Time to Marry? Right, Said Ted
03/30/1992 at 01:00 AM EST
IS THE SHADE OF JANE AUSTEN SOMEHOW coordinating the romantic lives of the rich and famous this month? It is indeed a truth universally acknowledged that Warren Beatty was a man in want of a wife—and, mirabile dictu, Bugsy begat Beatty, Benning, baby and bye-bye to bachelorhood. But not even the most ardent Austenian could have scripted the happy redeeming by love that lay ahead for, yes, 60-year-old Ted Kennedy. Pride and Prejudice, please meet Sense and Sensibility.
Last week the Massachusetts Senator of 30 years—nine of them spent in an often roistering, postdivorce bachelorhood—announced his engagement to Victoria Reggie, 38, a Washington, D.C., lawyer and divorced mother of two, with the simple, romantic declaration: "I love Victoria and her children very much, and she has brought enormous happiness into my life." (The date remains to be set.)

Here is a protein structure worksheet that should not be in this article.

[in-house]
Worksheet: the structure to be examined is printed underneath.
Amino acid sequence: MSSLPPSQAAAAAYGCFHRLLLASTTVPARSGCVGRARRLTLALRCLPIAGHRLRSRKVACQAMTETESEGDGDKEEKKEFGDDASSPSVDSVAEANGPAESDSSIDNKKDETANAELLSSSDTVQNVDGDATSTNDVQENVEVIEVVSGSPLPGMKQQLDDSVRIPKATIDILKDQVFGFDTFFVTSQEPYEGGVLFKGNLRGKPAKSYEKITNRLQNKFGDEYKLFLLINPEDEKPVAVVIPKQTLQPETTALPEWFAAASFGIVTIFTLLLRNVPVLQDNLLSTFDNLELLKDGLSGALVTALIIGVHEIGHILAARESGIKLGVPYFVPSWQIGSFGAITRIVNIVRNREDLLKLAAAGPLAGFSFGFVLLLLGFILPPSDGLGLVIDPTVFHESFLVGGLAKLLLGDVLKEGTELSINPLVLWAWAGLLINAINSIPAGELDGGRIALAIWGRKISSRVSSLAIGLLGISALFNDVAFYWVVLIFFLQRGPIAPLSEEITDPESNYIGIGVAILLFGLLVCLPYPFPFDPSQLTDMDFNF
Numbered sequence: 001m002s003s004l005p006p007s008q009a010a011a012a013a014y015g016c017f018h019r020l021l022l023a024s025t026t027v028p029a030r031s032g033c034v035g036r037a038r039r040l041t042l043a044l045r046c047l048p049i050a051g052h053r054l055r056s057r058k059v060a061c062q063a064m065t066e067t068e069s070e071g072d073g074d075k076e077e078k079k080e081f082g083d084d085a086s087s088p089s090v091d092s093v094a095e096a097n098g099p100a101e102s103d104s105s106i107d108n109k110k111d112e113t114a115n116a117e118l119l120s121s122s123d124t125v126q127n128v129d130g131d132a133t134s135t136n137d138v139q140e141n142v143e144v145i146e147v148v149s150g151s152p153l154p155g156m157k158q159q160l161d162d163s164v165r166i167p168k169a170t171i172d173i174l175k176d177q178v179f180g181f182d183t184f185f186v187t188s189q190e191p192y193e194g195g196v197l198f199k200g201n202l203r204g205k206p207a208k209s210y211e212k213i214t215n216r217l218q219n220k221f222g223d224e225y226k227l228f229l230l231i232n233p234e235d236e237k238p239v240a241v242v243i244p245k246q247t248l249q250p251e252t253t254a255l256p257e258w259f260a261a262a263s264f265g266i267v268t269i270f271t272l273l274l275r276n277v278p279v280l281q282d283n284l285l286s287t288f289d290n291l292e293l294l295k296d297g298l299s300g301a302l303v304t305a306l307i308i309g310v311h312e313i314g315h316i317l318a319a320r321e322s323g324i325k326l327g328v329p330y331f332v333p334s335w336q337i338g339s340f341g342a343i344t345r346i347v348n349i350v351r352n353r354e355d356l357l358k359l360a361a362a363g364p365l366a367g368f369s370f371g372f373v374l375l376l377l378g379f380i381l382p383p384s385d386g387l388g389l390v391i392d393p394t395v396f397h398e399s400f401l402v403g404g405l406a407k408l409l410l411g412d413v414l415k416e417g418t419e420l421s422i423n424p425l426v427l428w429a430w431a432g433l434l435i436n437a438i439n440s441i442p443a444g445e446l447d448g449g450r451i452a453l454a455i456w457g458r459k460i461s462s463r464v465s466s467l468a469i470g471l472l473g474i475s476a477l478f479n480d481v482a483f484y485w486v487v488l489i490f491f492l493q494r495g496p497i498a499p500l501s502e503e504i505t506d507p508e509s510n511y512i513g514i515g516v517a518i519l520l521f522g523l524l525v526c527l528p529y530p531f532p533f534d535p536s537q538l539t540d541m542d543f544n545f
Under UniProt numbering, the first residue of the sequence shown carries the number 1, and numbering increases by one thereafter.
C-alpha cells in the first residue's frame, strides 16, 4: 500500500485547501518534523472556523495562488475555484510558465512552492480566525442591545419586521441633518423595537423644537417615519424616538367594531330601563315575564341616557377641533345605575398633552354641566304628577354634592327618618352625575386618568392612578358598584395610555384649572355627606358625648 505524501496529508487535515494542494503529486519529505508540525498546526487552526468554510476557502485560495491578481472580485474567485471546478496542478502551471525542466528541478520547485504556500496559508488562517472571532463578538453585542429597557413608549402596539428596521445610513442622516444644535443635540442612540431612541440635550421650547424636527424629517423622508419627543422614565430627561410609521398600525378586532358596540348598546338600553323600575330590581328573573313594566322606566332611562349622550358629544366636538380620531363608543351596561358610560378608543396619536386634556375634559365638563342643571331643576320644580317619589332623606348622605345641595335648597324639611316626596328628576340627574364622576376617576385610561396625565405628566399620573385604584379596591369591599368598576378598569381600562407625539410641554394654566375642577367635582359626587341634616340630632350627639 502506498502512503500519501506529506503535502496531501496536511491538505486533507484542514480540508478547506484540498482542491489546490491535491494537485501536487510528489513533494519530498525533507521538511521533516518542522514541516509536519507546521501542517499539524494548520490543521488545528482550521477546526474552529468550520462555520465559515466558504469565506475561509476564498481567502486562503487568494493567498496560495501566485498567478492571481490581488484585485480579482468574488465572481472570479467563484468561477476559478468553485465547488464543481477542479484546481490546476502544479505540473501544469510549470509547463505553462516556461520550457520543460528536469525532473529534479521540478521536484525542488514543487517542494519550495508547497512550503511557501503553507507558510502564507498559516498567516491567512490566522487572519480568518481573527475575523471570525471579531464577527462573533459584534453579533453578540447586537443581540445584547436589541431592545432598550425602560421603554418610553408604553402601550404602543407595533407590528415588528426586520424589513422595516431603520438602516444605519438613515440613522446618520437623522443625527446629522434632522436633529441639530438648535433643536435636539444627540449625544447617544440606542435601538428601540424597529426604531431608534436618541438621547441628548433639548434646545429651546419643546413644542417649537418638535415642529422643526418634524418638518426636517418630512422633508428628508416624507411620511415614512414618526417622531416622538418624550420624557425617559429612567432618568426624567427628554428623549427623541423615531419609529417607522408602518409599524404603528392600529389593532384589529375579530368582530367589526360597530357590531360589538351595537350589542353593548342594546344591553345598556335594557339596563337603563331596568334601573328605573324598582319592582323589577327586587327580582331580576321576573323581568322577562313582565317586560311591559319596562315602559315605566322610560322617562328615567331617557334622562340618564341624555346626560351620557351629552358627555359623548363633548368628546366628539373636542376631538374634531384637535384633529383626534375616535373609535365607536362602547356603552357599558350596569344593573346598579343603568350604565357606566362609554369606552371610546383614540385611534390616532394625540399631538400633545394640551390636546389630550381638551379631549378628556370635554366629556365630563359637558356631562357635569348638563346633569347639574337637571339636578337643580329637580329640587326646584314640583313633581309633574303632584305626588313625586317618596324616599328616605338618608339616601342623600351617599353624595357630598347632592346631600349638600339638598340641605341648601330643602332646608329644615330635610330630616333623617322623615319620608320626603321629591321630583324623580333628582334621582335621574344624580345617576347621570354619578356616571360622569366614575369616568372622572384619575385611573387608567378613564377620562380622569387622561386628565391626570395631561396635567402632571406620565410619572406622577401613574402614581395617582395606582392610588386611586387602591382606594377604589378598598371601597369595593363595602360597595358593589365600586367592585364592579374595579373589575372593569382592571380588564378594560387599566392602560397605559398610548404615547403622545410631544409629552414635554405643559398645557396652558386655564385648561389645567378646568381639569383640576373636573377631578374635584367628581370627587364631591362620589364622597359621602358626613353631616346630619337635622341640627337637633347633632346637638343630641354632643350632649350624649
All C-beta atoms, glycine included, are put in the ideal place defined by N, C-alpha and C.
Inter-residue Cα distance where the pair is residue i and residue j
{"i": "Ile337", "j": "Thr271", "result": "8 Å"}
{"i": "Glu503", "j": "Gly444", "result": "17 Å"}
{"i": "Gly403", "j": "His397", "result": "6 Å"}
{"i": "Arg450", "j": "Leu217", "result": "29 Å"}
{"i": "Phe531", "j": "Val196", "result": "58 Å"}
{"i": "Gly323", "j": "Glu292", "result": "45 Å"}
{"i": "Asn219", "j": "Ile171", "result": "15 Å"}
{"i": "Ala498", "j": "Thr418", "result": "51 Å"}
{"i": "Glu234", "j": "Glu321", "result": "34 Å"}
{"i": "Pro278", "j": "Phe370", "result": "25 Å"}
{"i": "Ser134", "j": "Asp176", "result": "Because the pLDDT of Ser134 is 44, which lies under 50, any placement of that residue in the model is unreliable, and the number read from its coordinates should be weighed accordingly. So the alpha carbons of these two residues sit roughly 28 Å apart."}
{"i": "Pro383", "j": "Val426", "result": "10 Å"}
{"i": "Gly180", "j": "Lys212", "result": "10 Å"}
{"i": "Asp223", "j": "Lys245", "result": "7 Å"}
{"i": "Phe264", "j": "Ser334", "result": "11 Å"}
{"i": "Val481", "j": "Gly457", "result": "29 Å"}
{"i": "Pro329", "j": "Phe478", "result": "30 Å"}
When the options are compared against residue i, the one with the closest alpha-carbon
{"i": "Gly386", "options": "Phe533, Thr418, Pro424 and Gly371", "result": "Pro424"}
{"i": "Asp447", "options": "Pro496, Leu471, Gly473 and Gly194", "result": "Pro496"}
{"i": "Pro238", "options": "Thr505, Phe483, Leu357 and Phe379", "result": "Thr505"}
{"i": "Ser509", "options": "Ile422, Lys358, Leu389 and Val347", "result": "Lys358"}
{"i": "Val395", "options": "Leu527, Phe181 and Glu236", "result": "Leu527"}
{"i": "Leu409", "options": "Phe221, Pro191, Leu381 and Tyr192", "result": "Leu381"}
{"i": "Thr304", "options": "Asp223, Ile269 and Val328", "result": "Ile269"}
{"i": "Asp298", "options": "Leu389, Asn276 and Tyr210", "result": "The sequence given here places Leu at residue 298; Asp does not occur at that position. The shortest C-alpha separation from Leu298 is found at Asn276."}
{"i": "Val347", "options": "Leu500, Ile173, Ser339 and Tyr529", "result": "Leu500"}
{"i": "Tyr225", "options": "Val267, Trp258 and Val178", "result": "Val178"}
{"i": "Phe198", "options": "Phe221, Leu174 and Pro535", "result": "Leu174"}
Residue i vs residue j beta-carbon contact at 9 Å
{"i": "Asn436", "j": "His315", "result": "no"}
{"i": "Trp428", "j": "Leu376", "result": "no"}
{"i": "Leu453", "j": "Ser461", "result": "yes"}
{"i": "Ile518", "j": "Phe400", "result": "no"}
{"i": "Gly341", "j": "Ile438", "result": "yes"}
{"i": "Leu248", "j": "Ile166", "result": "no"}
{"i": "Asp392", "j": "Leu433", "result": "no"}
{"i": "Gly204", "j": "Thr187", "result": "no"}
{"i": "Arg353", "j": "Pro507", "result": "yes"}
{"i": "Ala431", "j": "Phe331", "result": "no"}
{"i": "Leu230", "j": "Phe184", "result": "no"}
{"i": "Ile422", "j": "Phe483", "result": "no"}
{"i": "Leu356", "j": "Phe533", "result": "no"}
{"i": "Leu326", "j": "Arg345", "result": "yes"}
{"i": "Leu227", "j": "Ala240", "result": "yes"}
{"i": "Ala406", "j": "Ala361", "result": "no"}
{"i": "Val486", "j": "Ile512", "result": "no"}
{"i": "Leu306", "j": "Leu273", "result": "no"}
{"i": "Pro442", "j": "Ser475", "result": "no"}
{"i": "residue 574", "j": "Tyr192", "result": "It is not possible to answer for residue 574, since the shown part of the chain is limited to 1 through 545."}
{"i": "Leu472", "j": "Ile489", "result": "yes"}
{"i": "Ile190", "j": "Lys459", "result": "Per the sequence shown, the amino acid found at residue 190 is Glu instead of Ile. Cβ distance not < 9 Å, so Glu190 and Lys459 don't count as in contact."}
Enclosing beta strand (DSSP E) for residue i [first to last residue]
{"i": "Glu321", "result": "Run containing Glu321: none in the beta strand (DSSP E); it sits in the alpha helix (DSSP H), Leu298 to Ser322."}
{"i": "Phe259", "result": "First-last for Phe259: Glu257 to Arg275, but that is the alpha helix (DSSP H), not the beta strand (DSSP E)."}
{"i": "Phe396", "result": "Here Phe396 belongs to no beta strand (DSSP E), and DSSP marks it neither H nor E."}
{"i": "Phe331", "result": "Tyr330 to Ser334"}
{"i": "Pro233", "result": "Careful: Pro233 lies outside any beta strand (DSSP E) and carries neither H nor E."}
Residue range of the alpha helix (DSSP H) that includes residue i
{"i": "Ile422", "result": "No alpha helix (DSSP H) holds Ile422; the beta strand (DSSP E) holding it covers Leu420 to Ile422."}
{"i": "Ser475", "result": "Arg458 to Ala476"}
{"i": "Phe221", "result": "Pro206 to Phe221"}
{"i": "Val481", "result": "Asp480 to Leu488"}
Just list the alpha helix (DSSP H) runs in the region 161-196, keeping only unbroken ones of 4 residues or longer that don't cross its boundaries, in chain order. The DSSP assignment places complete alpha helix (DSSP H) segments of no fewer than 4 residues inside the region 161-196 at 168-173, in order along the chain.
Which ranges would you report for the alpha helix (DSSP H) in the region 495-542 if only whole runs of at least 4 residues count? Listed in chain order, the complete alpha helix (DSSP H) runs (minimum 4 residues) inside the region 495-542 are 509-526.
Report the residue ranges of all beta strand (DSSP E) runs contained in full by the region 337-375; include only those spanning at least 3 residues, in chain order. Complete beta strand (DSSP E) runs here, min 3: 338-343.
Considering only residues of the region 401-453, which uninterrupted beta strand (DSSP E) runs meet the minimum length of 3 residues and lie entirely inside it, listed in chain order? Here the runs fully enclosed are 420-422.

Kennedy has been quietly a-courtin' Reggie since June with flowers, twice-daily phone calls, dates to the theater and Redskins games and, last summer, sailing vacations in the waters off Hyannis Port. His present to her for Christmas: a personal trainer. The first public viewing of the relationship came last month, at the Massachusetts Senator's 60th birthday party at his home in McLean, Va. A bit of the famous Kennedy rakishness was on display as well; he was dressed as Rhett Butler, she as Scarlett O'Hara. "They radiated happiness," says Washington attorney Lee Fentress, an old Kennedy friend. "He's in great shape, working very hard and very much in love."